"Don't rule it out": Experts say "anyone else" convicted of Trump's crimes would get prison time

There's a "good likelihood" Judge Juan Merchan imposes "sentence of incarceration," NYU law professor says

By Charles R. Davis

Deputy News Editor

Published May 31, 2024 11:03AM (EDT)

Former U.S. President Donald Trump speaks to the media as he arrives to court for his hush money trial at Manhattan Criminal Court on May 30, 2024 in New York City. (Justin Lane - Pool/Getty Images)
Former U.S. President Donald Trump speaks to the media as he arrives to court for his hush money trial at Manhattan Criminal Court on May 30, 2024 in New York City. (Justin Lane - Pool/Getty Images)

In his closing arguments, former President Donald Trump's lead attorney warned the jury that a conviction could mean time behind bars.

“You cannot send someone to prison and you cannot convict somebody based upon the words of Michael Cohen,” Todd Blanche declared. That quickly earned him a rebuke from Judge Juan Merchan, the one man who – now that the jury ignored Blanche’s pleading – has the ultimate power to decide whether Trump gets hit with a fine, put on probation or is sentenced to time behind bars.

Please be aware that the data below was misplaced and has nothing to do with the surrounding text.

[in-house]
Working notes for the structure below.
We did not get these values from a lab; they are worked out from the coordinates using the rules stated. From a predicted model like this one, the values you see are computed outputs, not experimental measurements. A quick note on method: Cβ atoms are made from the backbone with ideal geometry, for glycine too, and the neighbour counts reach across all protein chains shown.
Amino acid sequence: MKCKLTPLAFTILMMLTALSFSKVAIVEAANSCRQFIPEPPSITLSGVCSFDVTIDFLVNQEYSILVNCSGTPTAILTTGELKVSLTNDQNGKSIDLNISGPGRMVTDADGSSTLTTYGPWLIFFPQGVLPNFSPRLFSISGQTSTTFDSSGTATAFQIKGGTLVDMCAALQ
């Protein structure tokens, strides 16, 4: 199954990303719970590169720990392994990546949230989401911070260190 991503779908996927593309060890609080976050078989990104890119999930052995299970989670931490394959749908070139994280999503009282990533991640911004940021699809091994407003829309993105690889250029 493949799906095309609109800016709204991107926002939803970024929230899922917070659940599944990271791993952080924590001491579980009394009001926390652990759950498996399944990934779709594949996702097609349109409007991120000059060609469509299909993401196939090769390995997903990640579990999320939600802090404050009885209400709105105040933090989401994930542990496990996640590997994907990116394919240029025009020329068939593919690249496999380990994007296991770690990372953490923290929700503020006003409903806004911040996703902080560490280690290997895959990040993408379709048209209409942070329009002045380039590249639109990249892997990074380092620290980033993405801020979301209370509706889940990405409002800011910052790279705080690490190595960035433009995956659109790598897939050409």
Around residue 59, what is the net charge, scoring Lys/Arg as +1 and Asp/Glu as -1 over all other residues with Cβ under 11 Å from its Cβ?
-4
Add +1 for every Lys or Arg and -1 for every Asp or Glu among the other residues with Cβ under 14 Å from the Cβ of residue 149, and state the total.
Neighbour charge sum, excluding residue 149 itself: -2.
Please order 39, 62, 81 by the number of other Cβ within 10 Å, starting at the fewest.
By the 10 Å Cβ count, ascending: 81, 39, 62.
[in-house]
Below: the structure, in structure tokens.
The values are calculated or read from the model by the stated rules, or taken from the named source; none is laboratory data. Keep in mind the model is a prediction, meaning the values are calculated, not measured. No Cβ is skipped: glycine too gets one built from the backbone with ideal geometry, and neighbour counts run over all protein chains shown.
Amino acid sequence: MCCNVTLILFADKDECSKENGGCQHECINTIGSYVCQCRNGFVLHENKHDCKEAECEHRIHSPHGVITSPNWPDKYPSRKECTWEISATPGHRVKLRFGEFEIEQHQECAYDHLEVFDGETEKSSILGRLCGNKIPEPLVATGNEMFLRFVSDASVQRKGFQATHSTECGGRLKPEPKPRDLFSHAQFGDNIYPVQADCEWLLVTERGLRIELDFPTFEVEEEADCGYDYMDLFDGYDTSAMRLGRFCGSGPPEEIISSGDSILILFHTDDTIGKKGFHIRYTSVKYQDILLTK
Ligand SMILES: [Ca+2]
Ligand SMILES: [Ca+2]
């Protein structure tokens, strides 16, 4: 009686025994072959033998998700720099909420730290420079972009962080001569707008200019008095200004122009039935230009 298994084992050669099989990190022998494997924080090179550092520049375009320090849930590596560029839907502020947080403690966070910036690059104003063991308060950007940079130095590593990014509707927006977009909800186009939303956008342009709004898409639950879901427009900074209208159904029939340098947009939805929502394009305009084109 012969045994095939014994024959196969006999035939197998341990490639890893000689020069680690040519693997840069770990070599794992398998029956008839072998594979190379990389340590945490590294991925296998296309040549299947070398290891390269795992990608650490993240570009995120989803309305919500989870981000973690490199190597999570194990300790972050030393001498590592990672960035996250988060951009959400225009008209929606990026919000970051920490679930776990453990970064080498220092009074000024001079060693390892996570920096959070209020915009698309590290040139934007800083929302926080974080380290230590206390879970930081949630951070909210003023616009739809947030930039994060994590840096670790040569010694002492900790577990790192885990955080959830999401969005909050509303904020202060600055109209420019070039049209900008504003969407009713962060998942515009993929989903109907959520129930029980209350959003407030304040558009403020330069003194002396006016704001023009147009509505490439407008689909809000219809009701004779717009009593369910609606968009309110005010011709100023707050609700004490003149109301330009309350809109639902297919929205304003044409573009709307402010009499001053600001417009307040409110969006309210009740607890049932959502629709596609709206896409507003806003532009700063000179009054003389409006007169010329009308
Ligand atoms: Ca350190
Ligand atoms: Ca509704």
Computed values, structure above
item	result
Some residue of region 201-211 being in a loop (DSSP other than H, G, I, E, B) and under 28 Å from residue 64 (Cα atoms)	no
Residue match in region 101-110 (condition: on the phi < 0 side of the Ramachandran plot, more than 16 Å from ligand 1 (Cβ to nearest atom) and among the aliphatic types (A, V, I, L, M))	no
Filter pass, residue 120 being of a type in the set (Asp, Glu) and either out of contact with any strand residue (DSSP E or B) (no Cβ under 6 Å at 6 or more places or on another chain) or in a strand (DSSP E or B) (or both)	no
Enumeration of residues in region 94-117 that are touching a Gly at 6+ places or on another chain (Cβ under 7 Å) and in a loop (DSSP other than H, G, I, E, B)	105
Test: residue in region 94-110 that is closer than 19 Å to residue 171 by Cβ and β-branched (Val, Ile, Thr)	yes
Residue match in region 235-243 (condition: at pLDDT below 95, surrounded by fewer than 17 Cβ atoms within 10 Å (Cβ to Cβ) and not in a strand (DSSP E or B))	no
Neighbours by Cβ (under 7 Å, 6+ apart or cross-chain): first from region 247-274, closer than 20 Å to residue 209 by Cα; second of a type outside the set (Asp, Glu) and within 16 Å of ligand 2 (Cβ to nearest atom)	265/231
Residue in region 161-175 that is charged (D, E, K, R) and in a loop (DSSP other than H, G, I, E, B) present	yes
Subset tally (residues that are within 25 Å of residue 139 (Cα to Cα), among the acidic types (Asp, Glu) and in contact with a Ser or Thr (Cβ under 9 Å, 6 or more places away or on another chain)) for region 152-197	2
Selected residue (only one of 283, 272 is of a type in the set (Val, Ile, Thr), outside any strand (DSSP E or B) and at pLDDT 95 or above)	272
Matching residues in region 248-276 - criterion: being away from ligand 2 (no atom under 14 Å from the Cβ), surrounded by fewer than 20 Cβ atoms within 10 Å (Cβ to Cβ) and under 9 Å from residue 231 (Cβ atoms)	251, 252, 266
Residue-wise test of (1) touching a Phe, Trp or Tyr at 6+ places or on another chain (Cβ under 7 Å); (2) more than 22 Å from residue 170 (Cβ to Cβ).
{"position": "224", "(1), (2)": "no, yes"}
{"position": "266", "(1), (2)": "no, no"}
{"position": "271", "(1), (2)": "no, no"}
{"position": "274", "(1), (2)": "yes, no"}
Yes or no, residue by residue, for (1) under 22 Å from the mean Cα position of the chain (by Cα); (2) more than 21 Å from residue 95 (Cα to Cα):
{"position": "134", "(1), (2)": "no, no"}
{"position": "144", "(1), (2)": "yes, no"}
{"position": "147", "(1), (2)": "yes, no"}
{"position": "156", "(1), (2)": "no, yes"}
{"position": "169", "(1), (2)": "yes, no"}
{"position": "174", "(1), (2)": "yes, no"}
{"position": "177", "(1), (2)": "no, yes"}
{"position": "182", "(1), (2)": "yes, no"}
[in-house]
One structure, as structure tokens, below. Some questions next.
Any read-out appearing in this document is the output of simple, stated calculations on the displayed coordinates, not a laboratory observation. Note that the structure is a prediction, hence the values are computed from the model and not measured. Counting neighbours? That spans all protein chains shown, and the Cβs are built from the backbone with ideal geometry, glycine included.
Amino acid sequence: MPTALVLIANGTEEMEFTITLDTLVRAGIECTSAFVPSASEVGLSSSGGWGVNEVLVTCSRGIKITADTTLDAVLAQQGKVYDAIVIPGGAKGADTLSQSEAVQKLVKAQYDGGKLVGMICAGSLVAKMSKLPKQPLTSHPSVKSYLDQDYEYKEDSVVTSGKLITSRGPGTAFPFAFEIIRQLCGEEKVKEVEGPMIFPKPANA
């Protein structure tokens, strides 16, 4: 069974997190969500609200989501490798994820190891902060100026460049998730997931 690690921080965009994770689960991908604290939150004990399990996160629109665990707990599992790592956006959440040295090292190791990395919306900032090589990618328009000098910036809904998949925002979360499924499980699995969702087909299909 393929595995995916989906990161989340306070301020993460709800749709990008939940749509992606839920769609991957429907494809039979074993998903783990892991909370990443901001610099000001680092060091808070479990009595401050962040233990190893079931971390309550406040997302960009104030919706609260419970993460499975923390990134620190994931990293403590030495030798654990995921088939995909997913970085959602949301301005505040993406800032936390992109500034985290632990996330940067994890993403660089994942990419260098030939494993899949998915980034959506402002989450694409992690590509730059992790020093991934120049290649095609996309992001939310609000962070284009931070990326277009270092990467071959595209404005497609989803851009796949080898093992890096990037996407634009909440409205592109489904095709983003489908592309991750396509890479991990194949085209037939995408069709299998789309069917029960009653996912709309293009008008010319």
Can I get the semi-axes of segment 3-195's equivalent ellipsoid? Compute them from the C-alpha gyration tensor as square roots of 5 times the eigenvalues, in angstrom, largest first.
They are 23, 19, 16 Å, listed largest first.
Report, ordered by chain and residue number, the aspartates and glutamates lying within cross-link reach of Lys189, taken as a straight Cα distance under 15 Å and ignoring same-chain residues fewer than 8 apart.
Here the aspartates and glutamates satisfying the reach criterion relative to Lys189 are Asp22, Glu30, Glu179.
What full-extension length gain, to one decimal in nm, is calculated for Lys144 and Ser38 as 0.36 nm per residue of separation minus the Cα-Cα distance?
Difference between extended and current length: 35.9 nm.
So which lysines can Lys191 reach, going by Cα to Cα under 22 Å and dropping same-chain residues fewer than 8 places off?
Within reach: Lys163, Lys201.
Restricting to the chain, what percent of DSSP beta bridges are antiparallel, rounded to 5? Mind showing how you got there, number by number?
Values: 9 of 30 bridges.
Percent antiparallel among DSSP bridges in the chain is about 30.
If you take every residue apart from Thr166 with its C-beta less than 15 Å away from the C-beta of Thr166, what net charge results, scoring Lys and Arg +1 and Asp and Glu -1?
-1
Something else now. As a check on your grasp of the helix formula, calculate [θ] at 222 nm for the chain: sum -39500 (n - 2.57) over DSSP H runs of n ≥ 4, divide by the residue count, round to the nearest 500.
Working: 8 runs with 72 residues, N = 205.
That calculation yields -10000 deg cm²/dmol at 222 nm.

Sentencing won’t happen until July 11. And because Trump, like any convicted felon, has the right to appeal, it’s unlikely he would serve any carceral sentence, if one is even handed down, until 2025. But considering the facts, many legal experts say that a man just found guilty of 34 class E felonies in the state of New York, with a similar inability to even fake remorse, would likely be looking at time behind bars.

Trump, after all, was found guilty not just of falsifying business records, but doing so in the service of an underlying crime: as part of a conspiracy, the prosecution said, to evade campaign finance laws ahead of the 2016 election, preventing voters who had just heard him boast of sexual assault on the “Access Hollywood” tape from learning that he had also allegedly cheated on his wife in a problematic sexual encounter with an adult film star.